There’s a few reasons why astronomy enthusiasts keep tight-lipped about their aurora borealis predictions.
One, saying it’s going to happen means it won’t (or so the superstition goes). Two, sightings are notoriously hard to predict, requiring a perfect recipe of solar activity to be visible. Three, conditions can change rapidly, and no one wants to overpromise and under deliver.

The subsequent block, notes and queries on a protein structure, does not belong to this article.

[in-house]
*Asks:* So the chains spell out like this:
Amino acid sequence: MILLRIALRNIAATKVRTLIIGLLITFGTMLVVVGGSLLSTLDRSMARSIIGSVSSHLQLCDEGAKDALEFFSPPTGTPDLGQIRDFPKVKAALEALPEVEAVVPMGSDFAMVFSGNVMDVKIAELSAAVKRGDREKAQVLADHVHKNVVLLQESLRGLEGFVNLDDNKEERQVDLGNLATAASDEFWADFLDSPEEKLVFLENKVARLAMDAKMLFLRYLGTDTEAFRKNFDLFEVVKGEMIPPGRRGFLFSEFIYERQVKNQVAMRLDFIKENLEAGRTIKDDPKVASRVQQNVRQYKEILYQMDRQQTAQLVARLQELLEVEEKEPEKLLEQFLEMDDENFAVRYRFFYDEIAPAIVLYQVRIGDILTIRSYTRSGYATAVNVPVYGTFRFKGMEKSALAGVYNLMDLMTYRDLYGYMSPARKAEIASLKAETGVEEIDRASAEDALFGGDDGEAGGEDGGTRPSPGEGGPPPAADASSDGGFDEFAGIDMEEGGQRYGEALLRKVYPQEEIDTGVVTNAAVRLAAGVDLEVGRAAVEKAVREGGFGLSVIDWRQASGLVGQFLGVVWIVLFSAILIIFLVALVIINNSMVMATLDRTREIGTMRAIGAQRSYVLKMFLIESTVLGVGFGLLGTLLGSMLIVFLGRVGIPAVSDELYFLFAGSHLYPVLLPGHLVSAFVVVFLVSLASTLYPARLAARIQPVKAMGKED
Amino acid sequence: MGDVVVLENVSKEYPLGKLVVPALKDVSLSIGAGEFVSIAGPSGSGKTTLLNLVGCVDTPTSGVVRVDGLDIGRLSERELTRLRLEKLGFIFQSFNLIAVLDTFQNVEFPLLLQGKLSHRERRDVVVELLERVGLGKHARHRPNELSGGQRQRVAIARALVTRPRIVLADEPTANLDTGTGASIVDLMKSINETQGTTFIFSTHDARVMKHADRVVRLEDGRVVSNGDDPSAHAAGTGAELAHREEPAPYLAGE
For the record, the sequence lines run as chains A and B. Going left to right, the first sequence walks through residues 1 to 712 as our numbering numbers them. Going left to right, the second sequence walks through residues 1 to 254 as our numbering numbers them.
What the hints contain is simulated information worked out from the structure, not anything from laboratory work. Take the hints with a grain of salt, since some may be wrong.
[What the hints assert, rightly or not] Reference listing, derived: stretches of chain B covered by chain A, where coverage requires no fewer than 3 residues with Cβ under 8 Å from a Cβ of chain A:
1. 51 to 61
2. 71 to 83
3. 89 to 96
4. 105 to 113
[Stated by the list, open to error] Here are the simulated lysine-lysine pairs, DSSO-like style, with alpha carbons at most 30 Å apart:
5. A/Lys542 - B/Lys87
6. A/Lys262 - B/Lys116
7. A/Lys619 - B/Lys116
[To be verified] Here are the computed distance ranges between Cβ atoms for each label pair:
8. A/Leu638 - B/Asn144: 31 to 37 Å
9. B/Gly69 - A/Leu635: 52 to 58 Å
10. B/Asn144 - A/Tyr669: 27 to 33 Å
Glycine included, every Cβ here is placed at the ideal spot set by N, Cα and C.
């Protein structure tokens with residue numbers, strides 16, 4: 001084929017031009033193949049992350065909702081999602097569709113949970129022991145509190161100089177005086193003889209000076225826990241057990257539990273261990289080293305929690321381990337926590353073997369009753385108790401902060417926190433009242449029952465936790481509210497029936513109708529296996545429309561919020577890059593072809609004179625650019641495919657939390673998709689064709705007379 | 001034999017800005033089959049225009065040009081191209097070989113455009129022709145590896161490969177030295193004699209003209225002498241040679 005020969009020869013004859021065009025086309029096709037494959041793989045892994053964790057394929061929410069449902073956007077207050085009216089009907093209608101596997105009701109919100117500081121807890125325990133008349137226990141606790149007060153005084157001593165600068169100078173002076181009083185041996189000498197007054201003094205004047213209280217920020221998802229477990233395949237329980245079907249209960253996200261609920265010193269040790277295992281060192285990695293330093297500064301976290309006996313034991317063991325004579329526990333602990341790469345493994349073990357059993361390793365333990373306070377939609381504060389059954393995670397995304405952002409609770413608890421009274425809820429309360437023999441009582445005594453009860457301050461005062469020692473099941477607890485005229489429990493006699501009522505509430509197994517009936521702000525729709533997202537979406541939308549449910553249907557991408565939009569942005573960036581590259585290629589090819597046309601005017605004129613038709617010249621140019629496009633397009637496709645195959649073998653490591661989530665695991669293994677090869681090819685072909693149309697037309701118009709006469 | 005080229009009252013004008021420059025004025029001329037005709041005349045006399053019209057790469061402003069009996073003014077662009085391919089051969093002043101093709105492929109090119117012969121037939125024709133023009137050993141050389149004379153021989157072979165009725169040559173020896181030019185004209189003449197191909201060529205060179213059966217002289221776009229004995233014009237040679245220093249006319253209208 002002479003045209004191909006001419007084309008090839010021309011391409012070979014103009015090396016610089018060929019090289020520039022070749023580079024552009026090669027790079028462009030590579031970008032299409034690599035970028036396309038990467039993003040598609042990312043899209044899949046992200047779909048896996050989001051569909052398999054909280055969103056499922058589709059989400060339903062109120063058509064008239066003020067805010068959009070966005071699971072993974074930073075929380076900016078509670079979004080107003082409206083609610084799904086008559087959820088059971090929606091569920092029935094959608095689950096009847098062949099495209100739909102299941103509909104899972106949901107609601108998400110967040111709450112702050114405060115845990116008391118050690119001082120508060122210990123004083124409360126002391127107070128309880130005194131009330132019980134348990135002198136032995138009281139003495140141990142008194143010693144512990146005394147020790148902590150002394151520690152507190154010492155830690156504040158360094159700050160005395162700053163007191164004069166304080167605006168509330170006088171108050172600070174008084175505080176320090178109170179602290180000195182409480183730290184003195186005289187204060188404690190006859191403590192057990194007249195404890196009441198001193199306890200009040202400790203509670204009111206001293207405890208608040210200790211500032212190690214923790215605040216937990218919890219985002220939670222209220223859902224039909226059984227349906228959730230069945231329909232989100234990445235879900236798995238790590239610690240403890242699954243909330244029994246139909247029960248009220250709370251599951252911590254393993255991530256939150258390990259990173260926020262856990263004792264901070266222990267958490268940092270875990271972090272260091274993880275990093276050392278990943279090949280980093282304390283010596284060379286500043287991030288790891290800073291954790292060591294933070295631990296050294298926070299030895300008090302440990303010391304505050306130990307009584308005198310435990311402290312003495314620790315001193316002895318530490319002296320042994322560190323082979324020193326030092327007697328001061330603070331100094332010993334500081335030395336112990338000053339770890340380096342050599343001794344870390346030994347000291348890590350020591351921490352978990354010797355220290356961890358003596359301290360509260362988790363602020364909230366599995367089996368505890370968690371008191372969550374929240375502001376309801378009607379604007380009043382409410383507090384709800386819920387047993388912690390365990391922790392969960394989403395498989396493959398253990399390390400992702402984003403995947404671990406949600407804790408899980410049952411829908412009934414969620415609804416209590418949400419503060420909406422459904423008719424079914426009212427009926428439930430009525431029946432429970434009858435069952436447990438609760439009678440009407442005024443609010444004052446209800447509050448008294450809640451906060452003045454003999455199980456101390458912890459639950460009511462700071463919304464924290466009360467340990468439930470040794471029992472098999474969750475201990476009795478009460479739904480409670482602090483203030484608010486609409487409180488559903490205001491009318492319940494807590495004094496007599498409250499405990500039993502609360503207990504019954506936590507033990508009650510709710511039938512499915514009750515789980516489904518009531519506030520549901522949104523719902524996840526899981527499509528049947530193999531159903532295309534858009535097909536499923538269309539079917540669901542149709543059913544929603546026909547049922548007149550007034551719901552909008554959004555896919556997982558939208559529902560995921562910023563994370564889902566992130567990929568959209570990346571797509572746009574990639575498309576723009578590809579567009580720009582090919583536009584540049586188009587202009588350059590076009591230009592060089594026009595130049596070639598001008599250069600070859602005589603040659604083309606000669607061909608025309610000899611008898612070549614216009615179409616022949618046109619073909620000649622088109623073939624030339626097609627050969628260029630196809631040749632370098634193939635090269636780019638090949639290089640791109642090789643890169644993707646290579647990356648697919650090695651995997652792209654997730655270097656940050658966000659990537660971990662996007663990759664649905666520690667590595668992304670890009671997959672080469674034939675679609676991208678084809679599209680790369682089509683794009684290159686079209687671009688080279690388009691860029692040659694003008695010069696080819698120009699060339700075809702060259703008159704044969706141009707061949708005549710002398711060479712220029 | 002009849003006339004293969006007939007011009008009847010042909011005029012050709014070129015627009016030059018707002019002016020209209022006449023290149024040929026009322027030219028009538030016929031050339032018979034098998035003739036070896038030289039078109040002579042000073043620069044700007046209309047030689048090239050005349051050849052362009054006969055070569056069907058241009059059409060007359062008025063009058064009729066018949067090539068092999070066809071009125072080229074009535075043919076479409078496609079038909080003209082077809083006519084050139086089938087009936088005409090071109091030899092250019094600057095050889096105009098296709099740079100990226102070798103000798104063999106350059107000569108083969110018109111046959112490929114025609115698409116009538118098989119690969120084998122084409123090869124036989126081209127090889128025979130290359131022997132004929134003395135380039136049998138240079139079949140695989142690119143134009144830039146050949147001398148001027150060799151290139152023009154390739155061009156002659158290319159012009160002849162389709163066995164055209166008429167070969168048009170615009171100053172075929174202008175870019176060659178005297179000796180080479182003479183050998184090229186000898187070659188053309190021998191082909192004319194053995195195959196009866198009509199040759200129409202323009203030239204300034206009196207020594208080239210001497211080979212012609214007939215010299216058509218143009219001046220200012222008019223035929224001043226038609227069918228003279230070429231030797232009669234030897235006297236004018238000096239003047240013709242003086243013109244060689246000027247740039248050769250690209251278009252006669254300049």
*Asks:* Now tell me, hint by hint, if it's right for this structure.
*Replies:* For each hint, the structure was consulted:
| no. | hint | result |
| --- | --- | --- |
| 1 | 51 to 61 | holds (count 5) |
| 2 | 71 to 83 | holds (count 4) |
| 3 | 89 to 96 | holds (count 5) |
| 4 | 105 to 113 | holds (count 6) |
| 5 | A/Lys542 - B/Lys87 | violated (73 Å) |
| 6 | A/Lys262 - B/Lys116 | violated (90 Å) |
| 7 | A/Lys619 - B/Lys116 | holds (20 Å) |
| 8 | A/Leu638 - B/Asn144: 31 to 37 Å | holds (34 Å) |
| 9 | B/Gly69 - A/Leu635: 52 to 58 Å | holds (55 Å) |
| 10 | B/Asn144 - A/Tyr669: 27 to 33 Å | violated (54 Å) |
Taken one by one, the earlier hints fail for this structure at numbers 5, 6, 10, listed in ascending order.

So let’s just say, according to the latest data (seen here and here), this weekend looks encouraging.
“We are coming into a more dense solar wind, and we are in a region of a somewhat faster than normal solar wind speed,” said Eric Donovan, professor of physics and astronomy at the University of Calgary.
“That combination … has the likelihood of giving us good aurora on Saturday night, Sunday night and Monday night.”